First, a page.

The administration is currently negotiating two deals that, if concluded, would cover about two-thirds of the world markets.
The Trans-Pacific Partnership among 12 nations, including the U.S., would link an area with about $26 trillion in annual economic output. Obama said it’s “the fastest growing market in the world.
U.S. Trade Representative Michael Froman said negotiators are entering the final stages in the Pacific trade deal and aim to ‘‘wrap that up by the end of the year.’’
The accord would cover trade issues in such areas as agriculture, financial services, rules of origin and protections for companies that compete with state-owned enterprises.
The negotiations will be among the main topics when Obama travels to Asia beginning Oct. 6 for a meeting of the Asia Pacific Economic Cooperation organization and the Association of Southeast Asian Nations. All the nations involved in the Pacific pact are APEC members.
The second deal is the Trans-Atlantic Trade and Investment Partnership, which includes the U.S. and members of the European Union.
It would be the biggest trade deal ever, affecting about 30% of global commerce, eliminating $10.5 billion in tariffs and boosting trade by an estimated $280 billion a year. The agenda includes farm commodities, banking services, intellectual property, drugs, transportation, manufacturing, chemicals, cars, energy and airlines.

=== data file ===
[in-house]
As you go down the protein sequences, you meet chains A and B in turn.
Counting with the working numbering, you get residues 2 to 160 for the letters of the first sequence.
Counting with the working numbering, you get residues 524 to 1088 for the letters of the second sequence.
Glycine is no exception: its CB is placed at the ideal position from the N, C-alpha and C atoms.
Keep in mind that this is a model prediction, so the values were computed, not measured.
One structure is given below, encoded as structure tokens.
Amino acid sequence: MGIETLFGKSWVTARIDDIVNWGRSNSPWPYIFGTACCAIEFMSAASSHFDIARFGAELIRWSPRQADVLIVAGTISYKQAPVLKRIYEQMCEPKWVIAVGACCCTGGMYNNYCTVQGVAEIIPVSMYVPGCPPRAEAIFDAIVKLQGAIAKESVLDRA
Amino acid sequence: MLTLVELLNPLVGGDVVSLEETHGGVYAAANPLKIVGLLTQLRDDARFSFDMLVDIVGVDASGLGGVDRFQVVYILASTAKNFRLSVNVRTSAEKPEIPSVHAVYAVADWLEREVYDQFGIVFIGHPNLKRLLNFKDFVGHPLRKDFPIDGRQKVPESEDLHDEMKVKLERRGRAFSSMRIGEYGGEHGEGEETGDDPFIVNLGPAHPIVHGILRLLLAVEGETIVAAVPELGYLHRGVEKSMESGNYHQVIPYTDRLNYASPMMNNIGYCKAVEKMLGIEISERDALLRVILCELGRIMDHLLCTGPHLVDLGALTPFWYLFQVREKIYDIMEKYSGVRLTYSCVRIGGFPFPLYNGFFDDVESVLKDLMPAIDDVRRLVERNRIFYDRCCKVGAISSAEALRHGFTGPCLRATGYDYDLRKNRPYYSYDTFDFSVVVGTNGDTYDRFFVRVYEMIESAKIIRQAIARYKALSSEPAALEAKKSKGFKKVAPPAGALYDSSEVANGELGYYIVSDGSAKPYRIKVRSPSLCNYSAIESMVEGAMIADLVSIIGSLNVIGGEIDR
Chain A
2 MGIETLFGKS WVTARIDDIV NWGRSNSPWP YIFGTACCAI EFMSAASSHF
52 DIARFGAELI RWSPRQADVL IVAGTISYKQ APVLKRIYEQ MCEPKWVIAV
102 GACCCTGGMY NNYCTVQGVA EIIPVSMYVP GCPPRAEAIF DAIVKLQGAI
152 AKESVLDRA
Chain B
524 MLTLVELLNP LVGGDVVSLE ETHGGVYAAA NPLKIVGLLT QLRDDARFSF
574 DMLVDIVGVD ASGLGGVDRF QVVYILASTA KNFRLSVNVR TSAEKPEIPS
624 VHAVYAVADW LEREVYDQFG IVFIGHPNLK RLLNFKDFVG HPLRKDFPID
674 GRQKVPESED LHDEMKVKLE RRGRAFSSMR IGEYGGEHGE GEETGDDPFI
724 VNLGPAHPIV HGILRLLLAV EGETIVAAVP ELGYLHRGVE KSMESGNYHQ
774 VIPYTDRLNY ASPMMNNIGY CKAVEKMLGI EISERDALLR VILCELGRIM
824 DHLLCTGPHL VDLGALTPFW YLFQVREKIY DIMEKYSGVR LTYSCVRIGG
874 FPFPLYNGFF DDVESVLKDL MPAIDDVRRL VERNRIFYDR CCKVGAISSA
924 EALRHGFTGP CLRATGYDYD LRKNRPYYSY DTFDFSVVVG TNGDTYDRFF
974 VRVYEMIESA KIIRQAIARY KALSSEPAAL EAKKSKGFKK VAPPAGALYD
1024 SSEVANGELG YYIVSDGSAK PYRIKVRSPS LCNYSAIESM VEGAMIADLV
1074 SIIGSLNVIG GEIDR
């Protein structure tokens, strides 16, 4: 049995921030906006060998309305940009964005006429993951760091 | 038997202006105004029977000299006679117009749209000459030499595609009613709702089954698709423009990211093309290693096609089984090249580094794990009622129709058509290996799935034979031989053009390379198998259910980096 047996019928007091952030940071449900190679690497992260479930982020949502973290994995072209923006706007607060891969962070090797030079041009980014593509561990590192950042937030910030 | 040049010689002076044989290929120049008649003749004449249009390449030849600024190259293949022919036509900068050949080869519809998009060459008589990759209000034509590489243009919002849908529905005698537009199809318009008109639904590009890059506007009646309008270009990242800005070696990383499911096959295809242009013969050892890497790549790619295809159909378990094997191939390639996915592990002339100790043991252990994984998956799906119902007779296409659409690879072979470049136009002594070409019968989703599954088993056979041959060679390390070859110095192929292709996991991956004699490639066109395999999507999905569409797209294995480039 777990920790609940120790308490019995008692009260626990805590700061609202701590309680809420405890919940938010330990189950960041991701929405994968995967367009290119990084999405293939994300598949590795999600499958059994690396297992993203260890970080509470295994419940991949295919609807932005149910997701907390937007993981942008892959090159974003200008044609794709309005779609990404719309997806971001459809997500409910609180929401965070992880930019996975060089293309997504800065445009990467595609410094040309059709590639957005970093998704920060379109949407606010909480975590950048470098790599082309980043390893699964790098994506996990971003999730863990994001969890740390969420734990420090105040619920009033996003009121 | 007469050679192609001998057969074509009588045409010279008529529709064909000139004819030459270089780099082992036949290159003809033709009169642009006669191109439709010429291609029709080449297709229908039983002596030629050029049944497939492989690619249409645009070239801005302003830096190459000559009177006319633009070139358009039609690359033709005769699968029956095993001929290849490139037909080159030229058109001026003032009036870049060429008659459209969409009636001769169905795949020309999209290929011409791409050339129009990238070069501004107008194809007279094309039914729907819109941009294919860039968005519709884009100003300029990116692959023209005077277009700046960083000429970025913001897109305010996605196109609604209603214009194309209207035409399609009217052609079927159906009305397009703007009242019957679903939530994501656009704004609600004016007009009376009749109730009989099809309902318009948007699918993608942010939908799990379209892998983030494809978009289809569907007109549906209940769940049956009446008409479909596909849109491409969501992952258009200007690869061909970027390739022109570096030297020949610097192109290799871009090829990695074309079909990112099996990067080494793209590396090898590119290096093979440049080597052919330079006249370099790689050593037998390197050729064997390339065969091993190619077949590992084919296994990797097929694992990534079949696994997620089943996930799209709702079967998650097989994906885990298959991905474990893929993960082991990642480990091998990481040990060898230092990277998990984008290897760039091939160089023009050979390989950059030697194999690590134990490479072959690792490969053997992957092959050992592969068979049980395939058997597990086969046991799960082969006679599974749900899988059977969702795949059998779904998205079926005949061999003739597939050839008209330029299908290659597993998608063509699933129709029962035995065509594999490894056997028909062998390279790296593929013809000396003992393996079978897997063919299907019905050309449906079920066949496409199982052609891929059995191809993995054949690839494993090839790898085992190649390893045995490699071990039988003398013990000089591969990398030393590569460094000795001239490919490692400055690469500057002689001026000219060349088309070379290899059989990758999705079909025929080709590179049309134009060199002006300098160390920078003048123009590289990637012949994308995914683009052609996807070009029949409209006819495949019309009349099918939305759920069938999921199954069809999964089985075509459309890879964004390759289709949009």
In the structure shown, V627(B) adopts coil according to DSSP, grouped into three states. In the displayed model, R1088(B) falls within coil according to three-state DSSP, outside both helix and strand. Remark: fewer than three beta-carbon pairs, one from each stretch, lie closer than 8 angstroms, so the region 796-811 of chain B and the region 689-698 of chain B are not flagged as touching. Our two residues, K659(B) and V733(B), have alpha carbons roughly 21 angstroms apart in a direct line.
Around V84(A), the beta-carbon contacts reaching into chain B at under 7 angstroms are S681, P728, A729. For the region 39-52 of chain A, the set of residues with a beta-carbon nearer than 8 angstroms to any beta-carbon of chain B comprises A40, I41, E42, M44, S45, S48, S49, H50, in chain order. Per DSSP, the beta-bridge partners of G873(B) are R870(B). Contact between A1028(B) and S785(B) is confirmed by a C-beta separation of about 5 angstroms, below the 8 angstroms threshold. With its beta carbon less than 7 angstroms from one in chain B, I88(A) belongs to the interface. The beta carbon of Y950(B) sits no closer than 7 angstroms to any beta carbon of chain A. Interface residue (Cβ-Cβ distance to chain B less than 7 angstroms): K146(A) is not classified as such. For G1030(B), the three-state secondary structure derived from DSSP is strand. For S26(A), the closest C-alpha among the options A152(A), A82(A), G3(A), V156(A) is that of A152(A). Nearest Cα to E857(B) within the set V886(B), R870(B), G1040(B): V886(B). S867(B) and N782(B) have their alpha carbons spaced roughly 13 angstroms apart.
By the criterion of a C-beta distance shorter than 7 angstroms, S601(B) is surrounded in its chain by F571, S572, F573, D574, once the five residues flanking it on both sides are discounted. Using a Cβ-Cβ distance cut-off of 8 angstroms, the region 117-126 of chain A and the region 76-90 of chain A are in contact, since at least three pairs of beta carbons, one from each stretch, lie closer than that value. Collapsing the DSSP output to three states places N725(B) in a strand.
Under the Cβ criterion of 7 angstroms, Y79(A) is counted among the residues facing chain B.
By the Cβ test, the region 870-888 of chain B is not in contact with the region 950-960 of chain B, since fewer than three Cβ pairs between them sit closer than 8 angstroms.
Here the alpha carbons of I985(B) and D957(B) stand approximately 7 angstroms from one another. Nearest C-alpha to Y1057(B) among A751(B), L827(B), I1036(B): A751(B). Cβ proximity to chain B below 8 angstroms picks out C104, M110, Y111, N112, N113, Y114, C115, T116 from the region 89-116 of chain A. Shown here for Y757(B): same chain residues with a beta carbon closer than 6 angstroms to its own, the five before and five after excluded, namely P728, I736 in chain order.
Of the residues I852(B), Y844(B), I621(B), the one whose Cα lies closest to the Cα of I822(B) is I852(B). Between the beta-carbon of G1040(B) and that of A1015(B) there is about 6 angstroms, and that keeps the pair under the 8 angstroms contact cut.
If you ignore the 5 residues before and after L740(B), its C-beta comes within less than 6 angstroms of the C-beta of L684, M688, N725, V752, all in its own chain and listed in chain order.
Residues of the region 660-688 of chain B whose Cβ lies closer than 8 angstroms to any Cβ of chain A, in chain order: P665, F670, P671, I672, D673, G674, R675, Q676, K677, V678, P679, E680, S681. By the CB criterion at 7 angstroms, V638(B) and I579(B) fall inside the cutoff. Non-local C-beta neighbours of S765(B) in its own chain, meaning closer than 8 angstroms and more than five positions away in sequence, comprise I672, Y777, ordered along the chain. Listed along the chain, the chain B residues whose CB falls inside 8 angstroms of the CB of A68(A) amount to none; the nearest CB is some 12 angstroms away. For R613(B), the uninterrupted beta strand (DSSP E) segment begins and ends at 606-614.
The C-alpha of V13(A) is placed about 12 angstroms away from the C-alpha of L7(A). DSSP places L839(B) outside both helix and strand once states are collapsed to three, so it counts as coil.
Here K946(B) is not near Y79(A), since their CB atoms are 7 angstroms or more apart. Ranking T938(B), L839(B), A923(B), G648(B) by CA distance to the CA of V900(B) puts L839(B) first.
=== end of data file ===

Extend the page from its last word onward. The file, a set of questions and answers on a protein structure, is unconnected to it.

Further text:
Negotiators want a pact by the end of 2014 but talks may take years. One round of talks has been held and another is set for next month. Any trade treaty must be ratified by legislatures on both sides of the Atlantic.
Both deals would require approval from Congress.
The U.S.’s last major trade deal with Korea began in 2006 and didn’t conclude until 2011.
The Commerce Department said today that the U.S. current account deficit fell 5.7% to $98.9 billion in the second quarter, the lowest in almost four years, as exports increased. The current account is the broadest measure of trade because it tracks not only sales but government transfers and investment flows.
The President’s Export Council was created by Richard Nixon in a 1973 executive order as an advisory panel of as many as 28 members to counsel the president on international trade. Obama last met with the council on March 12.